Our family’s Montessori rhythm during crisis

The exercises of practical life are formative activities, a work of adaptation to the environment. Such adaptation to the environment and efficient functioning therein is the very essence of a useful education.” – Maria Montessori

Like most around the Earth, we are in a holding pattern: No school, no work, no in person social interactions and with all of that no typical day. And so although this can be a scary time, allowing for our natural family rhythm to find its footing and then letting it guide our days has meant some peaceful moments and also some relfection.

Breakfast is over an hour after it normally would be (we get up REALLY early for school), but we still all make a healthy meal, and sit together. We have found that some Practical Life/Cultural activities that are child led but with adult participation help get the morning started. Focusing on his interests instead of prescribed or adult centred learning outcomes sets us up for a much better day. Sometimes he decides to open an ice cream shop, sometimes he decides to help with the household laundry and sometimes he chooses to study the animals of Australia. Most lately he has been helping to renovate his workspace, laying new flooring and painting his chosen colour of a soft lemony yellow (called Frozen Banana).

Whatever it is, we let it flow at his pace, offer help to set up materials (much more effective for us in the morning than leaving it solely to him) and above all, follow his lead.

We usually bake when it’s closer to lunch. Baking simple recipes usually breads like these cheese and herb biscuits that I’ve been baking since I was a child, brings us together in the kitchen.

It’s usually at this point that he will decide to take some time for independent play. This has been the biggest difference. He is a child that has played for hours on end by himself since he was a little toddler exploring his toddler shelves. He has chosen to stay closer to us lately and we have folded that in as much as we can without drawing specific attention to it.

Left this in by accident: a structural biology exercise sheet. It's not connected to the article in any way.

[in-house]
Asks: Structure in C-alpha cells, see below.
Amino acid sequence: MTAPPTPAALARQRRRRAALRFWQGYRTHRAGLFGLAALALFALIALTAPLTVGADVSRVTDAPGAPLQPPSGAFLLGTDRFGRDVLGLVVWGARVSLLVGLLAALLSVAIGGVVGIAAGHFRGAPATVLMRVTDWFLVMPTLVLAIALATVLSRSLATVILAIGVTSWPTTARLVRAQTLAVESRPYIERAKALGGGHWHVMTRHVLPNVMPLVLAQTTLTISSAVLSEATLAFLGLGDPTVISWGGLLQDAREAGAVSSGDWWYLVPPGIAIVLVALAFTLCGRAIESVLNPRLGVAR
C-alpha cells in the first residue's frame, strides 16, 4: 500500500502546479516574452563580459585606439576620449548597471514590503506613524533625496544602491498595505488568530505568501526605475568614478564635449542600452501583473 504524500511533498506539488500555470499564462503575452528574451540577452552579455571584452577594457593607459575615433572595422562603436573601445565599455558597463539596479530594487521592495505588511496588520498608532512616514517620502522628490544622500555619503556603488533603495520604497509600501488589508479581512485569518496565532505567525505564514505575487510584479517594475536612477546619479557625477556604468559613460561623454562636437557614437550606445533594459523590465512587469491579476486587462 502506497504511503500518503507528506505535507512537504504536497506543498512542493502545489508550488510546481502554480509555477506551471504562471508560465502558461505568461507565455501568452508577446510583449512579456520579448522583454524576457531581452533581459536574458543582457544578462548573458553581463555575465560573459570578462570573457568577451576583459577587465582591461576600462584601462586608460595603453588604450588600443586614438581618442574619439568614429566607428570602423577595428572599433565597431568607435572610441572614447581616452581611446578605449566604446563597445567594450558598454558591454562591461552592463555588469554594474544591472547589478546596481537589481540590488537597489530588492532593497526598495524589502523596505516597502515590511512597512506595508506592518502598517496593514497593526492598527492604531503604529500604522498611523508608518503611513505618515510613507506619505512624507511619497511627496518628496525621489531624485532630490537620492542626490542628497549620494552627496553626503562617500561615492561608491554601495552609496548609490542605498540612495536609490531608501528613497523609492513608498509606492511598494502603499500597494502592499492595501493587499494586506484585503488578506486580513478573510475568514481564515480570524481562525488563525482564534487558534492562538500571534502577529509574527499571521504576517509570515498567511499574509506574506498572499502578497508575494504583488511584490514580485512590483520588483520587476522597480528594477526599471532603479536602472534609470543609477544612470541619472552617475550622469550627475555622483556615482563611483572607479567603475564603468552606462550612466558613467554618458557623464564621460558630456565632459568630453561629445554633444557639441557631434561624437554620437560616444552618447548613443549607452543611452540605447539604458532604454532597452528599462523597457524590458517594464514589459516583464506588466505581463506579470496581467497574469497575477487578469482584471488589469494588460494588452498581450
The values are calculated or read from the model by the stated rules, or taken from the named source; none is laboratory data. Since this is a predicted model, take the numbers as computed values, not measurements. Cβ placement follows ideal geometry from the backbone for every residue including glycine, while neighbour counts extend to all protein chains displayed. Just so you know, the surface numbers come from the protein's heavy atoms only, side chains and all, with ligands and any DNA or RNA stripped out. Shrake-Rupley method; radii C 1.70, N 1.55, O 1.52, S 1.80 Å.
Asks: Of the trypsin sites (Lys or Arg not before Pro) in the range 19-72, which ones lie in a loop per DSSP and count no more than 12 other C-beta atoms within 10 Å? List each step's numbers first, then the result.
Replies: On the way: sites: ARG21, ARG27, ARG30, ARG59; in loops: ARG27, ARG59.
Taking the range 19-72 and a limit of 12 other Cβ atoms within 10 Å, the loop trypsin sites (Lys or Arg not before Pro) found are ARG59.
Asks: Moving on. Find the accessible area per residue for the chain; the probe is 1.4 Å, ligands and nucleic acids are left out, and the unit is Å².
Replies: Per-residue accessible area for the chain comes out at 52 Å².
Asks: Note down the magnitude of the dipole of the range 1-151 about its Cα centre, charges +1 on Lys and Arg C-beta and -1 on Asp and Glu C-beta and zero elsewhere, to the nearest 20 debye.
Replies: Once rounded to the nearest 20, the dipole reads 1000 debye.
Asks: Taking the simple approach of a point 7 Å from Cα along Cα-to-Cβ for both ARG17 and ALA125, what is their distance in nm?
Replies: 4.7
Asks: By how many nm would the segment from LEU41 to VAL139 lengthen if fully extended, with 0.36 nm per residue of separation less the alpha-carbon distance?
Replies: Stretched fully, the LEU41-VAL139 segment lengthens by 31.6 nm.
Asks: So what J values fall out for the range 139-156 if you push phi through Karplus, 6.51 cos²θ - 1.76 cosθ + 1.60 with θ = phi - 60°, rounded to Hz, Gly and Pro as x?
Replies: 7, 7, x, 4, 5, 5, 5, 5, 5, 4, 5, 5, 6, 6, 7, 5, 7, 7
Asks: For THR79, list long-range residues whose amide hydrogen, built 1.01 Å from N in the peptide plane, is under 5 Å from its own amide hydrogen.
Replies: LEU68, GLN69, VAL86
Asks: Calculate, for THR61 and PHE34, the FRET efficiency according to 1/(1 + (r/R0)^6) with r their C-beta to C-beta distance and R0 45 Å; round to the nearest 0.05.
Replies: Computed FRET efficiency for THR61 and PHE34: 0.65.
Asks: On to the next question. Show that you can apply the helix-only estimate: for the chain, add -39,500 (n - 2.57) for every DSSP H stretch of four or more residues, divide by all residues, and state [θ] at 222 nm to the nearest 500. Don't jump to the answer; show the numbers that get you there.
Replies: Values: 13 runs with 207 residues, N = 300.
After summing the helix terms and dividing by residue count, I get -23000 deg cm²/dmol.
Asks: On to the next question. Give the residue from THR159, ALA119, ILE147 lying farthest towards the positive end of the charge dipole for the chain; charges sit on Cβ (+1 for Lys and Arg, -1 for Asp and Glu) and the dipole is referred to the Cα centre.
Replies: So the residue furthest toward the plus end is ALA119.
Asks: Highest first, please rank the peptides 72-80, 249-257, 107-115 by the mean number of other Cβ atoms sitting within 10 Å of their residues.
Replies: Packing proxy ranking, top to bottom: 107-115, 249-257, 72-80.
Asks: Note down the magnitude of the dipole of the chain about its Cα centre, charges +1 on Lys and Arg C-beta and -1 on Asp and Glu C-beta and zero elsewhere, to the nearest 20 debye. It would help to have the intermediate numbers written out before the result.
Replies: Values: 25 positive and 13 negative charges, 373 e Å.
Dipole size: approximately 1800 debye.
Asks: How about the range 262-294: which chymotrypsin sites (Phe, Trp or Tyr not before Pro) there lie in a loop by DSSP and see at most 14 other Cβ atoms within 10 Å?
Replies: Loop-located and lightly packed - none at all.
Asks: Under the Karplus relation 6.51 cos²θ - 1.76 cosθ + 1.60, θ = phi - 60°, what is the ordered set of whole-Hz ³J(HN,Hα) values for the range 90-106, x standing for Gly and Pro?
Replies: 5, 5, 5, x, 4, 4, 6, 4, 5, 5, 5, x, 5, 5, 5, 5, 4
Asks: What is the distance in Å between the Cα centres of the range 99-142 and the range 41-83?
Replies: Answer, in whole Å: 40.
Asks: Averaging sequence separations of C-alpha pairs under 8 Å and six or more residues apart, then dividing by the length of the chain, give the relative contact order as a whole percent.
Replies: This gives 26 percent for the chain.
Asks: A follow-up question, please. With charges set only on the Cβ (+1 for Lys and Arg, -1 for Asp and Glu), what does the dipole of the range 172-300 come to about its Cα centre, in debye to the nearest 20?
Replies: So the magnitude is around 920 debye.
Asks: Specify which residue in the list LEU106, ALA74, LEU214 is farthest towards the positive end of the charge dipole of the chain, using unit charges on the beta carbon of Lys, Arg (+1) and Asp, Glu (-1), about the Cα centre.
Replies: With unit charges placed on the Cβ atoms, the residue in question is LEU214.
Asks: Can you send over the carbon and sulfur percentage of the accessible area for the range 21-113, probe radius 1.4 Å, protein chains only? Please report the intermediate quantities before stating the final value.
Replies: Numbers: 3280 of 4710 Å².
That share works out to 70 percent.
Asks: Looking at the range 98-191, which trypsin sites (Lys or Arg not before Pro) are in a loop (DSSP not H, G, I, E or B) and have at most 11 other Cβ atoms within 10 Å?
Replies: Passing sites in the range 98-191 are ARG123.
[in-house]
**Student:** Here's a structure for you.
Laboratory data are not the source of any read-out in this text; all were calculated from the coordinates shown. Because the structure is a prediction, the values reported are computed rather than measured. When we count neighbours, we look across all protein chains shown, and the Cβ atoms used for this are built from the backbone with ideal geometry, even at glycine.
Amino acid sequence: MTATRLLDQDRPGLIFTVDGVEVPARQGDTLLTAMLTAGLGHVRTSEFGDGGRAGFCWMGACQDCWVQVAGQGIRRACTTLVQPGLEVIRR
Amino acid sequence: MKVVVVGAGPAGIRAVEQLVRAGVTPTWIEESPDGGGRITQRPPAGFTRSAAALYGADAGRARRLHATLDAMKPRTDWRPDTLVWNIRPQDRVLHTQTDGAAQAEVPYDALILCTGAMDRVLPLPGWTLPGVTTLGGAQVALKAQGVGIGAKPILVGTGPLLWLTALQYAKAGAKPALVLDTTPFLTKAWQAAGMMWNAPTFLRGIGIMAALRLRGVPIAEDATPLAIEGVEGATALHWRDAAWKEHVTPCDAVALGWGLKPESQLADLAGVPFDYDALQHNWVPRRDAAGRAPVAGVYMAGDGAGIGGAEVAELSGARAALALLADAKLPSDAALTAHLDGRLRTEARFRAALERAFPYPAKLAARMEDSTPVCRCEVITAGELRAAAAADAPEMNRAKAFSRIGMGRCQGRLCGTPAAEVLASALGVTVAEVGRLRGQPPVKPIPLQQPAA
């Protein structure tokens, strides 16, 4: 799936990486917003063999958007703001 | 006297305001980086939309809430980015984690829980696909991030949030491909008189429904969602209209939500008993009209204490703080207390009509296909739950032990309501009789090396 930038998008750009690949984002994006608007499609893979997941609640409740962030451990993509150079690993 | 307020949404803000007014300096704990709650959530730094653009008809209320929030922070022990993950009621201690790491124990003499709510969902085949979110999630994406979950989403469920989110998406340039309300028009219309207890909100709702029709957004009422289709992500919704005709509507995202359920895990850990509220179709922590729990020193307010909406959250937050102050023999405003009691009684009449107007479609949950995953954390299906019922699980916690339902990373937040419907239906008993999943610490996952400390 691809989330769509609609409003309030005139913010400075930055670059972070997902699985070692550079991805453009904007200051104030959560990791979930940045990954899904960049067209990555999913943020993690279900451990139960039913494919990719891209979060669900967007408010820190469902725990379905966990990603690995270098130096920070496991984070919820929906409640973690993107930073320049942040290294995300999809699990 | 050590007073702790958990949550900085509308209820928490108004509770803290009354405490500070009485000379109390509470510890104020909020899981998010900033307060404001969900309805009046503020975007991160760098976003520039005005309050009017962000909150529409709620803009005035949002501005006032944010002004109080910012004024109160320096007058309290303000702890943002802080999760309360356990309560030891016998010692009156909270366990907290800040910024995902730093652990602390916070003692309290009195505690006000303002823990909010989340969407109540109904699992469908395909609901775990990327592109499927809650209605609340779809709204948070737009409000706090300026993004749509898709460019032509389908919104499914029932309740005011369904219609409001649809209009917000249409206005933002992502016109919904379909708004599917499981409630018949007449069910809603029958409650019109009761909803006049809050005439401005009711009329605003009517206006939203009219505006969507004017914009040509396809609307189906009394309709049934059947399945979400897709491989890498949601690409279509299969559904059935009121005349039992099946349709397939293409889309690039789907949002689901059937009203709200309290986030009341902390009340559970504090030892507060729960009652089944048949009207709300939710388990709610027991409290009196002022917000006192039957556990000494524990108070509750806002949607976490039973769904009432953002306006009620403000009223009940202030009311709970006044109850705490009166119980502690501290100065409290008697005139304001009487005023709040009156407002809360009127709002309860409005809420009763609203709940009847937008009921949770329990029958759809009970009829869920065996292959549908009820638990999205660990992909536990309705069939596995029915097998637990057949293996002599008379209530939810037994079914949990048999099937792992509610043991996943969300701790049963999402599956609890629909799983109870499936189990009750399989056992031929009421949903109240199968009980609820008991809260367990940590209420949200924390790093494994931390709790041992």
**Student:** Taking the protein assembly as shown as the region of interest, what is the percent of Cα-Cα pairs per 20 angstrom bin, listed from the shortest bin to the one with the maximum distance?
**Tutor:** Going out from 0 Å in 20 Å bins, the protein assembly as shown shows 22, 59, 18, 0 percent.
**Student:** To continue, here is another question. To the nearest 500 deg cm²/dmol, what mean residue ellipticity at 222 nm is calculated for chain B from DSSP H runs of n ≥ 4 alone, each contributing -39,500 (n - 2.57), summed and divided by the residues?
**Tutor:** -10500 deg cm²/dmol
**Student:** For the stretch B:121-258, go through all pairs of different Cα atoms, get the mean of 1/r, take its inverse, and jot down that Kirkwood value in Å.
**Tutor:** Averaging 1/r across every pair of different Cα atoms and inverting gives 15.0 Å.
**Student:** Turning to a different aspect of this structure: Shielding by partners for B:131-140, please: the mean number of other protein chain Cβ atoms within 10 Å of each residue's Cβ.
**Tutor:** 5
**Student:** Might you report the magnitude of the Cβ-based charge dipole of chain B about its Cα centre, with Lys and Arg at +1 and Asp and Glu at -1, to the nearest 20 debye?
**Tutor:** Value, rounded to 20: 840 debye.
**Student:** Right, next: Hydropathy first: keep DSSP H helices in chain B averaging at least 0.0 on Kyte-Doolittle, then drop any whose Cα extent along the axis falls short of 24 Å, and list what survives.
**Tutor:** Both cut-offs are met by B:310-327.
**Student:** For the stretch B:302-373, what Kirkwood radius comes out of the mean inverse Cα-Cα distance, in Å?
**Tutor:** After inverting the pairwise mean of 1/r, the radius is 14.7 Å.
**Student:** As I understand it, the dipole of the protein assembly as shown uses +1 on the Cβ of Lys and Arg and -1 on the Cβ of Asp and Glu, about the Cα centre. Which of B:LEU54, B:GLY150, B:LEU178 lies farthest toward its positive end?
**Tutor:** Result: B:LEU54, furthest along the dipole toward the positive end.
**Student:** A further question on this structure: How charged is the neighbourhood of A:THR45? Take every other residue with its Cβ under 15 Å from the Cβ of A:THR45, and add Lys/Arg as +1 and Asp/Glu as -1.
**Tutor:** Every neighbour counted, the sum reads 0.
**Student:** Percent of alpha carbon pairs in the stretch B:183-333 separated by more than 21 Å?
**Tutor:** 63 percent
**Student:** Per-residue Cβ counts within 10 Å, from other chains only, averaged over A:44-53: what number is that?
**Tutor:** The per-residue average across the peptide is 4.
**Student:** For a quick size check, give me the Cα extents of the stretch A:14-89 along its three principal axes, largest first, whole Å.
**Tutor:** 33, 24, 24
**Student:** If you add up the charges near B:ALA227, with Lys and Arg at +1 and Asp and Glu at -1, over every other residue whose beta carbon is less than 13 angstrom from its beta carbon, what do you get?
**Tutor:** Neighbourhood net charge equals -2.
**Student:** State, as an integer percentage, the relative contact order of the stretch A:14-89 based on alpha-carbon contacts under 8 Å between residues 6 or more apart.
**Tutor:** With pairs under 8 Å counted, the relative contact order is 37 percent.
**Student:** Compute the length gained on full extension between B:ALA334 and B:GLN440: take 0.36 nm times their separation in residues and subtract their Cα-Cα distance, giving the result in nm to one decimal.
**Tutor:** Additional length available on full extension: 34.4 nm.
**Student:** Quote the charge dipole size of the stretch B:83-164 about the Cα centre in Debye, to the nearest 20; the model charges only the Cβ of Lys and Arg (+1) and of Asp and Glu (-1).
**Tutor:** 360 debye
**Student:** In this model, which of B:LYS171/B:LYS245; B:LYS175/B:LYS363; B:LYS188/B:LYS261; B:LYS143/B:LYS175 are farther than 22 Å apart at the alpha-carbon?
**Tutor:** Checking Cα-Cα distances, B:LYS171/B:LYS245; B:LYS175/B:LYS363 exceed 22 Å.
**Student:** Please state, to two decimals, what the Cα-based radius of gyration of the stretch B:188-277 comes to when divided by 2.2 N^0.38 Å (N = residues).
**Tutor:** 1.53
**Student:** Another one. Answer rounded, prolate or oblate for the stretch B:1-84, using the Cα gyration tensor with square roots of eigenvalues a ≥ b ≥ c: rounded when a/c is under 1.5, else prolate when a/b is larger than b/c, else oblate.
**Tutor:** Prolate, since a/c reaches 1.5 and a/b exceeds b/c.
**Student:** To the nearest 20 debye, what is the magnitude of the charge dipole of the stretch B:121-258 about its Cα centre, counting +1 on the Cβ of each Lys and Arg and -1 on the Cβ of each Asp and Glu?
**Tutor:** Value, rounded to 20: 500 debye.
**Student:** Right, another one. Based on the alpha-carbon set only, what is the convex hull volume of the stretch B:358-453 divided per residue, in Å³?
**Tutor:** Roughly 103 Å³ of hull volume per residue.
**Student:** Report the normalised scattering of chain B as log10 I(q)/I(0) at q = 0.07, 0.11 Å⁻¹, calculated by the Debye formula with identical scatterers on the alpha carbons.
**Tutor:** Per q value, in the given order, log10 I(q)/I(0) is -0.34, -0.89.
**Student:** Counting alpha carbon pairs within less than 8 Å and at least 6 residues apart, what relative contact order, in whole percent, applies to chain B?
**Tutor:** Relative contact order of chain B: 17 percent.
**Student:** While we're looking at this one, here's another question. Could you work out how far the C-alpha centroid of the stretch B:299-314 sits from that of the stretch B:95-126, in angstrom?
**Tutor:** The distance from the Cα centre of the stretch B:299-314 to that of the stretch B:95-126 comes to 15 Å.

We make a point of setting the table for lunch and putting some music on. Something instrumental and in the background. It is a slowing down part of the day for us. Sometimes we talk or sometimes we just eat silently listening to the music. Sometimes not saying anything is important too.

After lunch (or often before if the day calls for it) we get into our gardens. Working in the earth is such a sensorial necessity for so many children. Caring for small seeds and tender baby shoots gives us a chance to look forward to something. A little long lasting project that isn’t expensive and is easily doable even if it’s just a few lettuce seeds in an old soup can on the window sill.

We plan to have some “rest time” time in the afternoon. Some space where we are available but where time alone can allow for big feelings to come out. Most often that looks like us all curling up with a good book, but sometimes it looks like Quentin actually falling asleep. He is almost 8 years old but forever a preemie. He curls up with a book and a blanket and listens to his body. Sometimes that’s on the couch with his kittens and sometimes that’s outside on a blanket in the backyard with his big brother.

In the late afternoon he will usually return to playing by himself, often with LEGO or open ended material. This is when we try to schedule our business meetings, calls and emails. It doesn’t always work like this though and we do our best to be mindful of everyone in the house as we try to balance our professional commitments.

Then its dinner making and bedtime routines and our “not so normal” days catch up to our “normal” days at this point. Sometimes Quentin helps make dinner, sometimes he continues to play with his toys, sometimes he decides to make a craft or watch some media, or go play outside in the yard. Although there is a basic Grace and Courtesy foundation of “clean up what you got out” and “help others when you can” he has no set “chores”. After dinner, he has a bath or shower, gets ready for bed and we offer to read to him which he still loves and usually chooses or occasionally will opt for reading his novel independently.